But most of all…I wished I had loved Natalie more. I wished I had hugged her more. I wished I had enjoyed her laughter and freedom to just be who she was more.
(Beautiful Natalie, home from St Jude’s)
I wished I had given more attention to her, I wished I had talked to her more. I felt so ashamed when I thought of the type of friend I was to my own best friend’s daughter.
I felt intense regret for not playing with her more or playing the guitar for her more, all day if she wanted……
This precious and beautiful life, our Natalie. So full of joy and perfection, our Natalie.
This is my greatest regret…..
But yet, there is hope, you see. Read on…
Today, I received a phone call from Natalie’s mom. I had been waiting all morning for this phone call; I knew it was the day of her scan. When the phone finally rang, I ran around the house, desperately searching for my phone, answering it when I heard it.
This silence was tinged with anticipation, and in a split second, I thought “No, please do not let this be the silence of mourning.” But, her voice broke through the tension, choked with tears, saying, “ She is cancer free, Natalie is cancer free!”
I don’t remember what I said. I’m quite certain there were no real words spoken, anyway. Whatever it was, it was lovely, shattering the darkness with one loud, beautiful and deafening crash!
It’s finally over! This time, I can cry tears of joy, defiant joy! No more death, no more disease, no more cancer, fear, anxiety and no more insidious and ruthless cancer lurking behind us! Life has won today! Life has won; Natalie has won; God has won and hope has returned. Thank you, God.
Thank you, God.
(cancer-free and home-coming party)
“Why do we doubt the Lord of the seas
Who has parted its waves; made a way from the enemy!
Why do we doubt the God of miracles
Who has raised the dead, created the world!
From dust, He made flesh
From death, He raises LIFE
His works never stop
His word stands through time….”
“There’s nothing like family.”
Thats the saying, and it’s true. There is nothing like family. For us, we are keenly aware of this because we have lived away from our dear family for so long.
You know, as a military family, we have our own little sayings. I’m not sure if this is an official one, but “there is nothing like military family” rings true for us.
This family doesn’t have the same DNA running through our veins, but we are family none the less. We are the ones who get together on Easter, Thanksgiving, the 4th of July, and other holidays, because none of us have family nearby to celebrate with. We are the emergency contacts on each other’s school forms; the ones who bring dinner when the other is sick; the ones who mow the yard when the other is deployed. We are the babysitters and the pet-sitters; the extra-key holders and the come over for let-over eaters.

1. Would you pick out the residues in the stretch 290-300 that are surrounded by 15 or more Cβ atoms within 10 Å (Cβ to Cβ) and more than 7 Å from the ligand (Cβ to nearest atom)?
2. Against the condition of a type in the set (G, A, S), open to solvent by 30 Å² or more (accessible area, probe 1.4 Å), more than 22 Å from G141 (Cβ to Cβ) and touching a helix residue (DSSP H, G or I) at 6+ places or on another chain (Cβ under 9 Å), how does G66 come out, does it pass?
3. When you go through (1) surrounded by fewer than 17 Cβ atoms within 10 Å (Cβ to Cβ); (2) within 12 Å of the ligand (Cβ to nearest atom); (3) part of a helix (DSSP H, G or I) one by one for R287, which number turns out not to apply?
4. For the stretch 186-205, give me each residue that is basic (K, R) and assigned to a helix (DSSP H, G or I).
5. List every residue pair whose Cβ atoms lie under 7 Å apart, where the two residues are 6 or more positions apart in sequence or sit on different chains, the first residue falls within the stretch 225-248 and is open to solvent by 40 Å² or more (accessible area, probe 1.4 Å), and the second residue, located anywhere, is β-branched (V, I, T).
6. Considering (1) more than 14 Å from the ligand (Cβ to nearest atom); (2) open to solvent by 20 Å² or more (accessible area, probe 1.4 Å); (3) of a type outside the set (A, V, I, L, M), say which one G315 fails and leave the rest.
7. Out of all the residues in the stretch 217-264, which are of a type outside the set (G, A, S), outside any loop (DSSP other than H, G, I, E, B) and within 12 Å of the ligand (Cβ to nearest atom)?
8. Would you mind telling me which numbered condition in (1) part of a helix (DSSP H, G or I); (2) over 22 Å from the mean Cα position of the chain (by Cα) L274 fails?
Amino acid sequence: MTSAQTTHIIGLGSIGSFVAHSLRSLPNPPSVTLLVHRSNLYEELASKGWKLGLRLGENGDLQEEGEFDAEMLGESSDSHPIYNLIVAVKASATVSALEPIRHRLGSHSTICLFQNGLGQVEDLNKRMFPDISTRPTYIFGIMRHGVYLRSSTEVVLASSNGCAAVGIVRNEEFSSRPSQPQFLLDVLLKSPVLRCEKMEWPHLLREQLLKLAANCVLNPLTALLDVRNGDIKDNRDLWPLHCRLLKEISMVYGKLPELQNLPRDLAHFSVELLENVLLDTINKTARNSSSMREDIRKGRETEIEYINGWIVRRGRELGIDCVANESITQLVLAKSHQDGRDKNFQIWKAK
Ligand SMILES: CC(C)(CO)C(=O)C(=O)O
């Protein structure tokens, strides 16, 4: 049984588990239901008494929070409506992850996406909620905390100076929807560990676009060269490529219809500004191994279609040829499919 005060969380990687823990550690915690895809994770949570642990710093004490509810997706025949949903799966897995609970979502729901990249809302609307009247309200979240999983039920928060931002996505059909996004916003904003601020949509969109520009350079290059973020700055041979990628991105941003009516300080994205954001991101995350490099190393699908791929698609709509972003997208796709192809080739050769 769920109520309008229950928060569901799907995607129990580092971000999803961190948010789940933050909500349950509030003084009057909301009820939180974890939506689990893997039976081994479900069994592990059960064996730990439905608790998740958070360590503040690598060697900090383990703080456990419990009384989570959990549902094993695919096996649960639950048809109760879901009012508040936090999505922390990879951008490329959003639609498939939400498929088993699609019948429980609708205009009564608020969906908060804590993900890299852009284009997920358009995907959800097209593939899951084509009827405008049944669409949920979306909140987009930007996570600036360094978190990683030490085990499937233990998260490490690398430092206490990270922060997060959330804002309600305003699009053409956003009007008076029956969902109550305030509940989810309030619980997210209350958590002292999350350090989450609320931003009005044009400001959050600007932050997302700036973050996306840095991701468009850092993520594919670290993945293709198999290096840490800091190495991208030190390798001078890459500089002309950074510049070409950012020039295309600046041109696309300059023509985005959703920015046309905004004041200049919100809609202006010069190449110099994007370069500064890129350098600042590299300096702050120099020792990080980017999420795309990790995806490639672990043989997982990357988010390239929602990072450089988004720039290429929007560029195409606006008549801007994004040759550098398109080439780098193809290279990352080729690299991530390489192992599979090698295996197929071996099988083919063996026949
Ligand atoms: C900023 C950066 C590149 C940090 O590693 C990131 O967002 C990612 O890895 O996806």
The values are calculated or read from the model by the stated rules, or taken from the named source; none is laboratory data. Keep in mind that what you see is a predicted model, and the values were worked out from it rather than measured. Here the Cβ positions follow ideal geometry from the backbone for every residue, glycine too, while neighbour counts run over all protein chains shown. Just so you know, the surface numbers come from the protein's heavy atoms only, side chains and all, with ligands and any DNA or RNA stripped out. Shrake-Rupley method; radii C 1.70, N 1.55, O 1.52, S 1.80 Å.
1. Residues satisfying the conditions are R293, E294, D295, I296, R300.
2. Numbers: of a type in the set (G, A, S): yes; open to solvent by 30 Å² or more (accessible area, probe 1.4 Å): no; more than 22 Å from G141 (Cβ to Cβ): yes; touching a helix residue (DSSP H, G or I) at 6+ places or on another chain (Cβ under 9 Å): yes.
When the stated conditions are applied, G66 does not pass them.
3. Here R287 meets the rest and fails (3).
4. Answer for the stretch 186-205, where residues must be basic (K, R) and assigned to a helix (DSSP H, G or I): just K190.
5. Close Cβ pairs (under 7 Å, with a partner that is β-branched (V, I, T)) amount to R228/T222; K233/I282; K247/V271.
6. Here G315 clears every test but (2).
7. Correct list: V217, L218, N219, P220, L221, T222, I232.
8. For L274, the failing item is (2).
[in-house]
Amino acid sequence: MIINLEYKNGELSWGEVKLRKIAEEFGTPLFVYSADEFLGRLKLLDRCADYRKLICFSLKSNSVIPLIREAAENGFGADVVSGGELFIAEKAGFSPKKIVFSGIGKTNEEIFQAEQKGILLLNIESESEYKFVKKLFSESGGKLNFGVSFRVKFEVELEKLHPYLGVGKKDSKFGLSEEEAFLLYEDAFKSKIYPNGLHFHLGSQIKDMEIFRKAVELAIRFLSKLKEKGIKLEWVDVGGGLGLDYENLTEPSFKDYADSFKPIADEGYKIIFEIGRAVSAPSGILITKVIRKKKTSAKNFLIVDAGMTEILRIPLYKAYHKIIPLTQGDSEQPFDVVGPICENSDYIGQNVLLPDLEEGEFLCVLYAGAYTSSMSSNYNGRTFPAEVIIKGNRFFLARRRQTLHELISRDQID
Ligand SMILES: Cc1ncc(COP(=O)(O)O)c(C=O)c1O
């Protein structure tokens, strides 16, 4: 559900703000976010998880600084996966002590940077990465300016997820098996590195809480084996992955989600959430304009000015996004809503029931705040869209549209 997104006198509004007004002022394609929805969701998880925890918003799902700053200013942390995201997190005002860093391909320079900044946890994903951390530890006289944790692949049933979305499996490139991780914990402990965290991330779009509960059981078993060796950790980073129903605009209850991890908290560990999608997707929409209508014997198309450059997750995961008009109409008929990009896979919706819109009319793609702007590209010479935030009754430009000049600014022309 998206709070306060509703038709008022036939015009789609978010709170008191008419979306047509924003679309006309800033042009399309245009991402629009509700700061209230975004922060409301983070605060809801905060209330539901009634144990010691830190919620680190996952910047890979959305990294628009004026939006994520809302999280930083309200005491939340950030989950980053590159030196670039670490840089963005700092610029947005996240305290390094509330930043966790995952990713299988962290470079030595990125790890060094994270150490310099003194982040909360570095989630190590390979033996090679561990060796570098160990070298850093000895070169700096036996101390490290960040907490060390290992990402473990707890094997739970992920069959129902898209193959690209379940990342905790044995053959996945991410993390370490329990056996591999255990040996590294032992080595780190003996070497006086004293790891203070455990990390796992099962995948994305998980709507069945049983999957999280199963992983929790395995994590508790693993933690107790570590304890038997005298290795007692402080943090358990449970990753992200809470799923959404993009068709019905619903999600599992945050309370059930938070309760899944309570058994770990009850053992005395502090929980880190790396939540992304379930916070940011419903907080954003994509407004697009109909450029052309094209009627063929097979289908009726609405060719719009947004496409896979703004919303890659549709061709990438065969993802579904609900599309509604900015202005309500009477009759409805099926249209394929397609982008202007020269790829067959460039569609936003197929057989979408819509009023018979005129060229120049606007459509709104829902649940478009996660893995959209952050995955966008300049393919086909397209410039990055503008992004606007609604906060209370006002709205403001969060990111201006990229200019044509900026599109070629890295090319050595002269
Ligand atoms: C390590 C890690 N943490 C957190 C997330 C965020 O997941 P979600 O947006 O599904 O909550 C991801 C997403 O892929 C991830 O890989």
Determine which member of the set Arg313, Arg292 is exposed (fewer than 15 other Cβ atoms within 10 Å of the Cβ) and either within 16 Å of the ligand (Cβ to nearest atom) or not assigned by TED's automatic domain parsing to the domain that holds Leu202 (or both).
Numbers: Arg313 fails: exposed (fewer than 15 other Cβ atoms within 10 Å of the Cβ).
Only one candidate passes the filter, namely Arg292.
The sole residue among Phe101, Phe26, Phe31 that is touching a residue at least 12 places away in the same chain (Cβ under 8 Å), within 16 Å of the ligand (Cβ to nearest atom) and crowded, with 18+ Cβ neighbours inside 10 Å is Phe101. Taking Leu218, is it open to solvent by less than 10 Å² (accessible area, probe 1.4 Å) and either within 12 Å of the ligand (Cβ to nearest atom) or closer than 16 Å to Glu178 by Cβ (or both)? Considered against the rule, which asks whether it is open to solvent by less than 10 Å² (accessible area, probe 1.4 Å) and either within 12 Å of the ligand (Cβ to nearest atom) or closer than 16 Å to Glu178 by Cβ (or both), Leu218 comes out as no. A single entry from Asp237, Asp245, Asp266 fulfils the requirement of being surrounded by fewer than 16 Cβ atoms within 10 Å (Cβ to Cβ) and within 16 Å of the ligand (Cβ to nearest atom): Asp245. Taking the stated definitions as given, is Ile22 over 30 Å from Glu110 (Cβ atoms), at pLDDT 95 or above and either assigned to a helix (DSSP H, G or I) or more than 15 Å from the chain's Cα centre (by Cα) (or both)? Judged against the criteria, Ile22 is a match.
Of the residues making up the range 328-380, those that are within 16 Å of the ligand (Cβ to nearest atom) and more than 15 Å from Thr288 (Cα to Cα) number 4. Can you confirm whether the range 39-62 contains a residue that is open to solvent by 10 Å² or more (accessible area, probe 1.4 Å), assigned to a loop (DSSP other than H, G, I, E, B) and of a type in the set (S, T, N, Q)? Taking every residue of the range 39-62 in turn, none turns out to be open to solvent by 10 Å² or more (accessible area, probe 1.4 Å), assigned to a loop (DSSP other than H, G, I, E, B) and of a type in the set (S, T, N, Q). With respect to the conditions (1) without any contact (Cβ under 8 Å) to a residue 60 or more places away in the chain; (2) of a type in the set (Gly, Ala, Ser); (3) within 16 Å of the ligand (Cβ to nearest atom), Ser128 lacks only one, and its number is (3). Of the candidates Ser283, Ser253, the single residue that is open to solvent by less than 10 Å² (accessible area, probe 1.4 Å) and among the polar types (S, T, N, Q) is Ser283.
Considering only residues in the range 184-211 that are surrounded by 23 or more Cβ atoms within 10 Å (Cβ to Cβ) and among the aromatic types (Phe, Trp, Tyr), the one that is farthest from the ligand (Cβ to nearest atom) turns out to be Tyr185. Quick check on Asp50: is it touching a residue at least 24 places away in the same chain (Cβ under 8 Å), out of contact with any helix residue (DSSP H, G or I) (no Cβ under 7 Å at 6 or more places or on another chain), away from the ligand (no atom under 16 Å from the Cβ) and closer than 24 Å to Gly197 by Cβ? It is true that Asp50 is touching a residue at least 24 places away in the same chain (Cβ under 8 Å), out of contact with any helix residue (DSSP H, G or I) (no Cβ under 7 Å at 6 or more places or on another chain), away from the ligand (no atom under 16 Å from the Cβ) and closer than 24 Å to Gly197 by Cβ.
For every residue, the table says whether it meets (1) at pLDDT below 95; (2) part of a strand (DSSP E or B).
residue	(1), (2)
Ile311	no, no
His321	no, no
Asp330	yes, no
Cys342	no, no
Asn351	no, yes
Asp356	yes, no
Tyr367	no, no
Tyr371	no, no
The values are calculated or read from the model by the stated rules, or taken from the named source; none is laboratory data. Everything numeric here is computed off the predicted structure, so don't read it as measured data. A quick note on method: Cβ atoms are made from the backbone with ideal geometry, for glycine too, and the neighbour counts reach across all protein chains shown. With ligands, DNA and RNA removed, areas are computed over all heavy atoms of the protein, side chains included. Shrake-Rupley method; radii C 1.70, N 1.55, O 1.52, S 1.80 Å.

We can sit at a table with other veterans and automatically bond, even if we do not know each other or have anything in common except for the service of sacrifice. And if we are lucky…we adopt each other, becoming the family that gets each other through our assignments
There is nothing like military family. Listen…in this family, we get it. We get the sacrifice, the burden and of course, we get the lingo. We get it and that knowledge alone brings us into family. It’s a beautiful comfort in such a temporary world.
When I go to Belgium this summer, that is one thing I am excited to witness. I am excited for these kids to find a new family in their hearts. To bond together, to adopt each other, to become brothers and sisters and to sit at the table of fellowship, ingesting the goodness of family.
“There is nothing like military family….”
While that is true, I know something truer. We are all family, made one in Jesus Christ, with the same blood running through our veins. And in Him, we are called to extend and enlarge our family.
This is what I hope to do there and with my life. I want to live with intention and invitation into my family. I am not sure who I will be when I’m there in Brussels, maybe a mentor, a sister or even a mother, BUT I do know that whatever role I fall in, the love of God will be with me. And, through His love, my family will grow. And for that, I am blessed.
missions donation link: https://www.gofundme.com/getAliciatoBelgium
Maundy Thursday: The Last Supper, The foot-washing. I wrote this quickly before work this morning and would like for all to read.
For most of us, it is easy to see our weaknesses. Even more so, we know the secret mutterings of our hearts. We know the ugly whispers and the fight to bend our will to wrestle the ugliness with kindness. When the result is compassion, mercy, kindness or simply “doing the right thing,” we know that we have been victorious! Yet, if we had to go back and search our heart and motive, we would find a wrestling match, if you will.
Some things are easier to see. The outward decline of a body and soul ravaged by drugs are easy to see. Even easier to see are the garments of pride, blinding the proud soul from embracing the knowledge of it’s poverty. And of course, anger, with her chains, is often surprises us with a thunderous roar, prowling and hunting for a challenge.